Unassailable

Of course, Twitter being Twitter, I was wrong – and that’s one of the reasons why I love (and hate) Twitter. When your head gets too inflated, Twitter can deflate it as fast as a pin pops a balloon.

type_names

Too “Professional”

May 7, 2015 3 comments
Categories: miscellaneous Tags: ,

The Annihilation Of Conceptual Integrity


When a large group or committee is tasked with designing a complex system from scratch, or evolving an existing one, I always think of these timeless quotes from Fred Brooks:

“A design flows from a chief designer, supported by a design team, not partitioned among one.” – Fred Brooks

“The entire system also must have conceptual integrity, and that requires a system architect to design it all, from the top down.” – Fred Brooks

Who advocates … for the product itself—its conceptual integrity, its efficiency, its economy, its robustness? Often, no one.” – Fred Brooks

“A little retrospection shows that although many fine, useful software systems have been designed by committees and built as part of multi-part projects, those software systems that have excited passionate fans are those that are the products of one or a few designing minds, great designers.” – Fred Brooks

Note Fred’s correlation between “conceptual integrity” and the individual (or small group) for success.

C++ is a large, sprawling, complex, programming language. With the next language specification update due to be ratified by the ISO C++ committee in 2017, Bjarne Stroustrup (the original, one-man, creator and curator of C++) felt the need to publish a passionate plea admonishing the committee to “stop the insanity“: Thoughts About C++17.

No Longer Cpp

By reminding the committee members of the essence of what uniquely distinguishes C++ from its peers, Bjarne is warning against the danger of annihilating the language’s conceptual integrity. The center must hold!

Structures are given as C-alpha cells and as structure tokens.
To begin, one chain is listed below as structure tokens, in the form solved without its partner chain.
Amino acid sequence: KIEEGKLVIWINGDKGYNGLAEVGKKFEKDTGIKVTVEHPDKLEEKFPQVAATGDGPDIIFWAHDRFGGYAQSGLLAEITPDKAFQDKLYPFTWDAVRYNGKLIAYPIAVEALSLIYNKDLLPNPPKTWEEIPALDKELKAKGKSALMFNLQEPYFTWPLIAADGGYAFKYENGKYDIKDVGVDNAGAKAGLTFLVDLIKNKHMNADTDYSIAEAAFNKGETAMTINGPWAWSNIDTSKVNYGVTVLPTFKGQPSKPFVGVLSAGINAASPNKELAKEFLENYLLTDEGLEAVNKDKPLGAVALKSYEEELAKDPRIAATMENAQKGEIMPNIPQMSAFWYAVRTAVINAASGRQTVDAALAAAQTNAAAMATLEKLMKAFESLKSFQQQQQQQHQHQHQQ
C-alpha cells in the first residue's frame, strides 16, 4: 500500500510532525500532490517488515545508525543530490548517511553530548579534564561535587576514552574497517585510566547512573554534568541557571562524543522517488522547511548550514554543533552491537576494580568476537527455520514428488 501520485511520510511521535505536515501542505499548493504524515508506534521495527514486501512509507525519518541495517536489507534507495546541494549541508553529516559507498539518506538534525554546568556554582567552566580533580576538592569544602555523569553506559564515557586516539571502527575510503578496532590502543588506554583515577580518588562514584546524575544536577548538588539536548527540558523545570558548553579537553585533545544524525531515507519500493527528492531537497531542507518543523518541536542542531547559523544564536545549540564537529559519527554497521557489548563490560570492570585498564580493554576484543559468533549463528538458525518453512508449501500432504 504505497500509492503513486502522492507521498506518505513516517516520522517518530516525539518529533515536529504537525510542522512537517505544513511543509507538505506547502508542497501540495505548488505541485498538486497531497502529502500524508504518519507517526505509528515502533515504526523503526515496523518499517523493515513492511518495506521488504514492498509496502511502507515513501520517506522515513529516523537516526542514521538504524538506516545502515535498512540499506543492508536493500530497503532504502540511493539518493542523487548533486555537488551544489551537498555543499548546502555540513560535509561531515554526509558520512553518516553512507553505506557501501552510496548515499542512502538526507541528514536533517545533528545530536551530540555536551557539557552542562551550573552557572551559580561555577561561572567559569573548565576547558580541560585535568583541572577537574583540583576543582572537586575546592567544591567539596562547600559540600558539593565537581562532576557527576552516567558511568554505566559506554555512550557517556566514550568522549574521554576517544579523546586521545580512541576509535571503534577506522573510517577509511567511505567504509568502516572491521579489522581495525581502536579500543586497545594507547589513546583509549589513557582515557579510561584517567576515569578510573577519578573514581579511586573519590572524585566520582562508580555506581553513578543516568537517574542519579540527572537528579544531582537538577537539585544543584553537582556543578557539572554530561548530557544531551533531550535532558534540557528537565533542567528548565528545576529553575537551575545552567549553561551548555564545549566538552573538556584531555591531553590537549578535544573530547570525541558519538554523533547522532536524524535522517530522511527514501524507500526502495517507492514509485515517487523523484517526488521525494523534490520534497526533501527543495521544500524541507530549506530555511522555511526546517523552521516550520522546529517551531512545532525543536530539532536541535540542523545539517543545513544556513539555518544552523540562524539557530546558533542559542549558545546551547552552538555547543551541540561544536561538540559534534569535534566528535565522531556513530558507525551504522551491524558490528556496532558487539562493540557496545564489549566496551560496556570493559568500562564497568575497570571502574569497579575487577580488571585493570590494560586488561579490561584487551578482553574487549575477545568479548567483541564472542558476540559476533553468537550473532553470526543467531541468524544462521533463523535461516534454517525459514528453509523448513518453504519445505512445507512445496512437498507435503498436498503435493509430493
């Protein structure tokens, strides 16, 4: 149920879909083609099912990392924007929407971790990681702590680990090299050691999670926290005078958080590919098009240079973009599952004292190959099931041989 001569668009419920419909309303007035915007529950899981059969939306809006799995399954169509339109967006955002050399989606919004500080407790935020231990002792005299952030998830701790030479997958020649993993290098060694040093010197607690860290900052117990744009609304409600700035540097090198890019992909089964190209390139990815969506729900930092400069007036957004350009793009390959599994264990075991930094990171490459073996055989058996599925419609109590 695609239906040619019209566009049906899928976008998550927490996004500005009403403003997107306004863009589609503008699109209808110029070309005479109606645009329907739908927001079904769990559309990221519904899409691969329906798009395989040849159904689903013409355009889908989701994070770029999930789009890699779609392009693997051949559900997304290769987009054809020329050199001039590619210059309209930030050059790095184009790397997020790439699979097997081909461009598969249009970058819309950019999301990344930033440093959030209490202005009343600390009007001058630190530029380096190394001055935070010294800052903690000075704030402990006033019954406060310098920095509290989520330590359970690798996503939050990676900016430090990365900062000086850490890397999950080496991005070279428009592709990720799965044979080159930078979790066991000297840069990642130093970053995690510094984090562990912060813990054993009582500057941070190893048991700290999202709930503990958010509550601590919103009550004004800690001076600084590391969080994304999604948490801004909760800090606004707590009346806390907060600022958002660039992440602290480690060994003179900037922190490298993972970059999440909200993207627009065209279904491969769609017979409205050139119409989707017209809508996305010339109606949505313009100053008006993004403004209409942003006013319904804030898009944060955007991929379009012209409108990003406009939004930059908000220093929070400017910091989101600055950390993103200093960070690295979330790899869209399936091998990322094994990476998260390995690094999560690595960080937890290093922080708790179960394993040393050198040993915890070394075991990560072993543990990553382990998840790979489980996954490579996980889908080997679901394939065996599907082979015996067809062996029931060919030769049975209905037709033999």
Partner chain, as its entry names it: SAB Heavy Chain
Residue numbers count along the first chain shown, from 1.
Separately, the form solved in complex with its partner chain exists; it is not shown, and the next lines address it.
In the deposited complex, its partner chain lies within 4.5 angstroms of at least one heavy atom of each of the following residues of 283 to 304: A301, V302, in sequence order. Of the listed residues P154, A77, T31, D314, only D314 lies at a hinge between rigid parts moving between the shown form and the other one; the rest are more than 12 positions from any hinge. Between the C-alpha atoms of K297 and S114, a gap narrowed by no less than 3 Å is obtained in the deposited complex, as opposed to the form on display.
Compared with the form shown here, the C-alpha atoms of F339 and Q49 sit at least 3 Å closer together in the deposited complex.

It seems to be a popular pastime to condemn C++ for being a filthy mess caused by rampant design-by-committee. This has been suggested repeatedly since before the committee was founded, but I feel it is now far worse. Adding a lot of unrelated features and library components will do much to add complexity to the language, making it scarier to both novices and “mainline programmers”. What I do not want to try to do:
• Turn C++ into a radically different language
• Turn parts of  C++ into a much higher-level language by providing a segregated sub-language
• Have C++ compete with every other language by adding as many as possible of their features
• Incrementally modify C++ to support a whole new “paradigm”
• Hamper C++’s use for the most demanding systems programming tasks
• Increase the complexity of C++ use for the 99% for the benefit of the 1% (us and our best friends).

Like all the other C++ committee members, Bjarne is a really, really, smart guy. For the decades that I’ve followed his efforts to evolve and improve the language, Bjarne has always expressed empathy for “the little people“; the 99% (of which I am a card-carrying member).

In a world in which the top 1% doesn’t seem to give a shit about the remaining 99%, it’s always refreshing to encounter a 1 percenter who cares deeply about the other 99 percenters. And THAT, my dear reader, is what has always endeared Mr. Bjarne Stroustrup to me.

Ninety Nine Pct

I am often asked – often by influential and/or famous people – if I am planning a D&E2 (The Design And Evolution Of C++ version 2). I’m not, I’m too busy using and improving C++. However, should I ever find it convenient to semi-retire, D&E2 would be a great project. However, I could do that if and only if I could honestly write it without condemning the language or my friends. We need to ship something we can be proud of and that we can articulate.

W00t! I didn’t know I was influential and/or famous: And In The Beginning.